The iOSphere throbbed with rumors of the mythical smaller iPad. There were photos, speculations, hopes and fears.
Unsourced and even unnamed pictures of the iPad mini or iPad Air or itsyPad fired the imaginations of bloggers. Even the lack of press invitations from Apple -- widely predicted for release this week -- failed to dampen enthusiasm.
At least, the enthusiasm of those who yearn for the itsyPad. Because one online survey of visitors to an electronics deal-making website found most respondents aren't very interested in the rumored tablet.
You read it here second.
"iPad Mini is a real thing for sure because earlier news reported that Apple will launch eight new products this year and four of them are already out in the market. So, iPad Mini may come on 17th October, as rumored all over the web." -- Nitin Agrawal, who describes himself as "a Spiritual Soul from Los Angeles, CA," co-founder of PC-Tablet.com, and a "full time Tech Blogger." Fer shur.
iPad mini photos show that there are photos
Sonny Dickson, an Australian researcher for 9to5Mac, achieved 24 hours of fame this week by publishing photos on his Twitter and Instagram accounts, photos instantly picked up by the Internet at large.
Dickson apparently posted them without actually saying what they were or how he obtained them. The photos show only the back of a smaller but still distinctly rectangular iPad (other purported "leaks" or "concept art" shows a squarish tablet), and one shows a closeup of the Lightning docking port which made its first appearance in iPhone 5.
The photos appeared the day before many predicted Apple would send invitations inviting press and bloggers to the unveiling of the itsyPad. Those predictions were cruelly dashed.
In the age of Adobe Photoshop, one would expect or hope for a bit more caution, if not skepticism regarding the Dickson photos. But in many areas of the iOSphere, Credulity Rules.
iPad mini shipments are delayed
Plugged into the Information Sieve known as the Apple Supply Chain, DigiTimes asserts that the 7.85-inch iPad, and several other Apple products, "have reportedly been delayed from September to October."
This is according to "sources from the upstream supply chain." DigiTimes doesn't bother with waffling words like "purportedly" or "allegedly." The iPad mini "is manufactured by Foxconn Electronics (Hon Hai Precision Industry) and Pegatron Technology." But the new tablet is "reportedly suffering low yields for components such as the display and chassis, causing the upstream suppliers to be unable to satisfy Apple's orders."
Then there's this: "The sources pointed out that although the iPad Mini's chassis adopts a similar material as the 9.7-inch model, the iPad Mini's design and tactile feel will be different from those of the larger model."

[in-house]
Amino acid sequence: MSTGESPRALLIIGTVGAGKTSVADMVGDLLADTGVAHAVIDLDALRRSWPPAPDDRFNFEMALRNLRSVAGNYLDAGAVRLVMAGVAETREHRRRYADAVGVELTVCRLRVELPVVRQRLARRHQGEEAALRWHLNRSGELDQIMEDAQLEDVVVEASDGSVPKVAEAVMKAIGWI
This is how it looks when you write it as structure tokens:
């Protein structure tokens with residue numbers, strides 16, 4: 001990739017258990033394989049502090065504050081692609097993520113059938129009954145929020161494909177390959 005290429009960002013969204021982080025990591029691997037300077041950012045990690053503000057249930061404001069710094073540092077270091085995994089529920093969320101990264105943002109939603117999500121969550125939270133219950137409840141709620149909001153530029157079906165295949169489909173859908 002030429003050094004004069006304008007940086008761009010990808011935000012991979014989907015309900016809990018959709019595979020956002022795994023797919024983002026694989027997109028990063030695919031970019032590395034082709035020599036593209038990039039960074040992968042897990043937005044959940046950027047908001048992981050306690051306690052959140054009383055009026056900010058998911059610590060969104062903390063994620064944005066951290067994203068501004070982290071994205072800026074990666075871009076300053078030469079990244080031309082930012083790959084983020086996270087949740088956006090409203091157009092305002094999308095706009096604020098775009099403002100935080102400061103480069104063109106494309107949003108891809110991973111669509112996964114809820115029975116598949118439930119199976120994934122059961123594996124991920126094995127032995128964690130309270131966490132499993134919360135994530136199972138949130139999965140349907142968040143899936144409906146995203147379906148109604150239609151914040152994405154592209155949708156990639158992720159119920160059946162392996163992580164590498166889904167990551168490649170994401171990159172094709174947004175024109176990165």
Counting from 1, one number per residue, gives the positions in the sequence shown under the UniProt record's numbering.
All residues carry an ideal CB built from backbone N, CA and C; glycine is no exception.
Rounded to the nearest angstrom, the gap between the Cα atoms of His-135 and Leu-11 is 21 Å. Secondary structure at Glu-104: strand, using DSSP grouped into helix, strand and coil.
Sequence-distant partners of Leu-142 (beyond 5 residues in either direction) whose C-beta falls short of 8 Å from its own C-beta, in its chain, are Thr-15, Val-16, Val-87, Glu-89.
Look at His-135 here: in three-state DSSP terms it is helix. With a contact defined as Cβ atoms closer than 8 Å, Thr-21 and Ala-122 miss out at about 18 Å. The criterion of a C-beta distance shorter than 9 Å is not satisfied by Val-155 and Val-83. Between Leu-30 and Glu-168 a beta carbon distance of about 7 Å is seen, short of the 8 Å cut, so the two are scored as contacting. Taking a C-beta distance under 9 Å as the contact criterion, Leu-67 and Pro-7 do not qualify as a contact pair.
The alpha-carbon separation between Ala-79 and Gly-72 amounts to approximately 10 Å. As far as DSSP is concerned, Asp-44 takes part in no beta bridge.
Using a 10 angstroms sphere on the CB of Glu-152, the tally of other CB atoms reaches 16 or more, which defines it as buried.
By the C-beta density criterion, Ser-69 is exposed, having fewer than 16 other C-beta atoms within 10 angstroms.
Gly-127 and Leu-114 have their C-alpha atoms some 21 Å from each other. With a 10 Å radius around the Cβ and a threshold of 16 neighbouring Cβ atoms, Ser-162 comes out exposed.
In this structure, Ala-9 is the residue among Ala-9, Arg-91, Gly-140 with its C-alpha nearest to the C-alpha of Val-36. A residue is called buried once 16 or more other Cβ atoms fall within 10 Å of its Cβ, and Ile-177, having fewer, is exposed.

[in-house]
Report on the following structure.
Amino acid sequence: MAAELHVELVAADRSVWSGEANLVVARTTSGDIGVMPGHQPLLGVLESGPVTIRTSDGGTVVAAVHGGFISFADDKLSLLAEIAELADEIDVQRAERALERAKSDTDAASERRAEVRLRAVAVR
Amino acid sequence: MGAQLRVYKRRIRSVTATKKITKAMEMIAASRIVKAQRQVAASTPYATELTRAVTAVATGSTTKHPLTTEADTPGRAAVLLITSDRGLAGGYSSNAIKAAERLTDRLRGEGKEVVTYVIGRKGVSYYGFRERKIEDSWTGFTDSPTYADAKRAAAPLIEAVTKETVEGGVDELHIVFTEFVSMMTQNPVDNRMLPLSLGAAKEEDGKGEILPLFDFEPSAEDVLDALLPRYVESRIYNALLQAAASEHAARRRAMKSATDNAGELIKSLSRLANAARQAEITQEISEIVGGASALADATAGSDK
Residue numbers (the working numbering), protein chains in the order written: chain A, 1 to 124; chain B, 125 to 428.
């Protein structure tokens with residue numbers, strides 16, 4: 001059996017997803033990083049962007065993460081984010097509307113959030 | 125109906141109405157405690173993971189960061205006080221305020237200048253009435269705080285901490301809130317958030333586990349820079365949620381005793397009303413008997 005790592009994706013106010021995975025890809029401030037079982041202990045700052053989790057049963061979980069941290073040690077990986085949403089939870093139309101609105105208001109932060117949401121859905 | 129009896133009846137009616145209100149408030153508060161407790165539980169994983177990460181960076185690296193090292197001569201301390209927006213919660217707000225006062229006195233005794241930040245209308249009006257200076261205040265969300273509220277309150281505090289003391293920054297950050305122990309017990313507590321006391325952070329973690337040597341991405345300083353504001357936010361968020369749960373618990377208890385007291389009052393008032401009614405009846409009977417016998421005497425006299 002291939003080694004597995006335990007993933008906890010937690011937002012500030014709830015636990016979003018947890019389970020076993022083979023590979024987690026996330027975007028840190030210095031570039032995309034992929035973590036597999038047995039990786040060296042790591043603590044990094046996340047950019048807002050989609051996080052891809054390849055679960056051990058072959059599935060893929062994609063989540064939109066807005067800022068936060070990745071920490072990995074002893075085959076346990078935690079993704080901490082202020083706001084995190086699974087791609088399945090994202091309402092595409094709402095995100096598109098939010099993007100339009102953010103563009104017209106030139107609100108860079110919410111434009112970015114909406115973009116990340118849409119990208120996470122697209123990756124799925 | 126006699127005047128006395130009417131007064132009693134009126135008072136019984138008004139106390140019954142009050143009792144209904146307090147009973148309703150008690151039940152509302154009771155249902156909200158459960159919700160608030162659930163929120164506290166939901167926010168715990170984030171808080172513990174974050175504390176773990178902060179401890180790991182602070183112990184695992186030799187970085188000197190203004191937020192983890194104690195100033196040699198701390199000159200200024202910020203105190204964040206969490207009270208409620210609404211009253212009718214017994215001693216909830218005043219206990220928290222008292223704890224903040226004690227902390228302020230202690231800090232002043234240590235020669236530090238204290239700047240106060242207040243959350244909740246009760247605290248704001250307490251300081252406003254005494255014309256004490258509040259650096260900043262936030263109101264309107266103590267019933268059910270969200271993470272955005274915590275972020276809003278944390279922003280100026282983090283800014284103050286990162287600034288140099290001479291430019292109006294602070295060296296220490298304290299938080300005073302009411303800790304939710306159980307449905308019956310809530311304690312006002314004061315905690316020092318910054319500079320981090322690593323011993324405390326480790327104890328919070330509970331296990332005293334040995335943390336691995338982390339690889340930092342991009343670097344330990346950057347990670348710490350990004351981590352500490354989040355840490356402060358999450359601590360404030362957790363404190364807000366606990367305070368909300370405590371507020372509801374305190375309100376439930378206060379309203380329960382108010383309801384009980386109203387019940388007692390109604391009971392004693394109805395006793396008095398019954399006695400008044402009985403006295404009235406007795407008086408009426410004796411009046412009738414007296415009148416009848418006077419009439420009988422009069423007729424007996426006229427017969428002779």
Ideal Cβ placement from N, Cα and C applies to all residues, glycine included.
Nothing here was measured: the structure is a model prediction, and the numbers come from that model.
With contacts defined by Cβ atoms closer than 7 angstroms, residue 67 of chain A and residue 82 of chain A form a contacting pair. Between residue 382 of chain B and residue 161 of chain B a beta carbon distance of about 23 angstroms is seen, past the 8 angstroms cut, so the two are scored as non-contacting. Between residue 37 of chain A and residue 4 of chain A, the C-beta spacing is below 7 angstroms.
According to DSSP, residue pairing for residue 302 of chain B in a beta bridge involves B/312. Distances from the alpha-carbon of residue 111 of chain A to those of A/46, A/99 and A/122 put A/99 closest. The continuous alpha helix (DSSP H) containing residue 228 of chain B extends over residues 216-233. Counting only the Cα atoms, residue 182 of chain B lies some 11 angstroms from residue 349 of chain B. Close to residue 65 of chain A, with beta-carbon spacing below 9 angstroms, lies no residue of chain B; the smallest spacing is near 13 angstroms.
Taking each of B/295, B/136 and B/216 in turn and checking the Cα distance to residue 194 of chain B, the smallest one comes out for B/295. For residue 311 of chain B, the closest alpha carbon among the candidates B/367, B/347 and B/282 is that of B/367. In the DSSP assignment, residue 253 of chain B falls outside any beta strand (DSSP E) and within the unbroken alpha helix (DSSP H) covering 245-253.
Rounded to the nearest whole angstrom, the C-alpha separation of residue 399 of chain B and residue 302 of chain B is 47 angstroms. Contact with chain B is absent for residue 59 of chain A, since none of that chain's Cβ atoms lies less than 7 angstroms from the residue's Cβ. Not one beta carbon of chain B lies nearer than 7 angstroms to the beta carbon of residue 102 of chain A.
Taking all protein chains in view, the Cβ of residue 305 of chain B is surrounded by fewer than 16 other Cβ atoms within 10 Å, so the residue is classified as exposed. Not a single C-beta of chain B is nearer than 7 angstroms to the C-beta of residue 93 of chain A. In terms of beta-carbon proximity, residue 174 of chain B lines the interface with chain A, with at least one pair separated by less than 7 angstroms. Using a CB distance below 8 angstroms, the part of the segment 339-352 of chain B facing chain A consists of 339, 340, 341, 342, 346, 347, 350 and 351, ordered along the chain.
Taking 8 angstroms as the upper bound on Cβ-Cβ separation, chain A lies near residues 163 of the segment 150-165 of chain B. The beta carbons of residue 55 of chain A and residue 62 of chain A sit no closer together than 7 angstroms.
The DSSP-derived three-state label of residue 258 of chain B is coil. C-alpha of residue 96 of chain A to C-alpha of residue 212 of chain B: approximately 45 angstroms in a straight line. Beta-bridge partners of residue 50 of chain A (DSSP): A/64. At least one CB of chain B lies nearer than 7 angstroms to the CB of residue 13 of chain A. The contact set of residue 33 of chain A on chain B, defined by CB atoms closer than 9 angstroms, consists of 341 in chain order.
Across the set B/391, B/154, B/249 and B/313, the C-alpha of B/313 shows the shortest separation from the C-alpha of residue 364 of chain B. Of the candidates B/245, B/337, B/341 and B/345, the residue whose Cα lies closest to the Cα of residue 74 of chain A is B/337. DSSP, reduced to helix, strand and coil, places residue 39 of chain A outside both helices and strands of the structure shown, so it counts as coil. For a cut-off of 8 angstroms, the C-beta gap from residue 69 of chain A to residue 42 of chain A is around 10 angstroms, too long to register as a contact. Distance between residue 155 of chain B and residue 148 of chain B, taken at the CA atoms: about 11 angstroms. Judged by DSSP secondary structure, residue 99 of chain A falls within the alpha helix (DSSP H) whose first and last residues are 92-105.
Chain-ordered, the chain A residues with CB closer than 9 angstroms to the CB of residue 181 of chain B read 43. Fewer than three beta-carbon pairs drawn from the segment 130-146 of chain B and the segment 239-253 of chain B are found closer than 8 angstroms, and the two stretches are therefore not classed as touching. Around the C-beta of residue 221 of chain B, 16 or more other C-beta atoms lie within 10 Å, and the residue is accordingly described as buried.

We kind of know that the design will be "different" because it's, like, smaller. And we're not sure that DigiTimes means by a "similar material" to that used in the existing iPad. What's similar to aluminum?
The rest of the iOSphere mined this post for still more details. As CNET's Brooke Crothers notes, the DigiTimes post "could mean the device won't show up till after October."
Or never. "If there is a device. The iPad Mini is, of course, an unconfirmed product to begin with. So it's hard to say with a straight face that a rumored product can actually be delayed," Crothers writes.
That's why faces in the iOSphere are always smiling.
iPad mini delay doesn't upset very many people
A recent survey says that the unreleased and unannounced iPad mini is already Apple most least-desired iProduct.
A survey of visitors to TechBargains.com, a deal aggregation site for electronic products found that only 18% of survey respondents "plan to purchase the iPad Mini. 50% of those surveyed are not interested in buying the iPad Mini and 32% are undecided. This is compared to 45% of respondents from the same survey who planned to purchase the new iPhone," according to a press release.
And even the 18% don't seem wildly enthusiastic: 14% of them are willing to stand in line to buy it the day it's released, but 66% "don't have a set time frame for purchase," according to TechBargain.
Their "most desired features" in the itsyPad: 78% want a USB port, 77% desire a Retina screen, 75% hope for a memory card slot and 74% would like better speakers than the current iPad. Hope springs eternal: Apple's mobile designs have never accommodated USB or memory cards.
Maybe Steve Jobs was right: "We believe 10-inch screen is minimum necessary."
iPad mini stripped of cellular, Wi-Fi only
The tiny tablet will only be available with Wi-Fi, lacking a cellular option. That's the word via a story posted at the U.K.-based The Guardian, by Charles Arthur.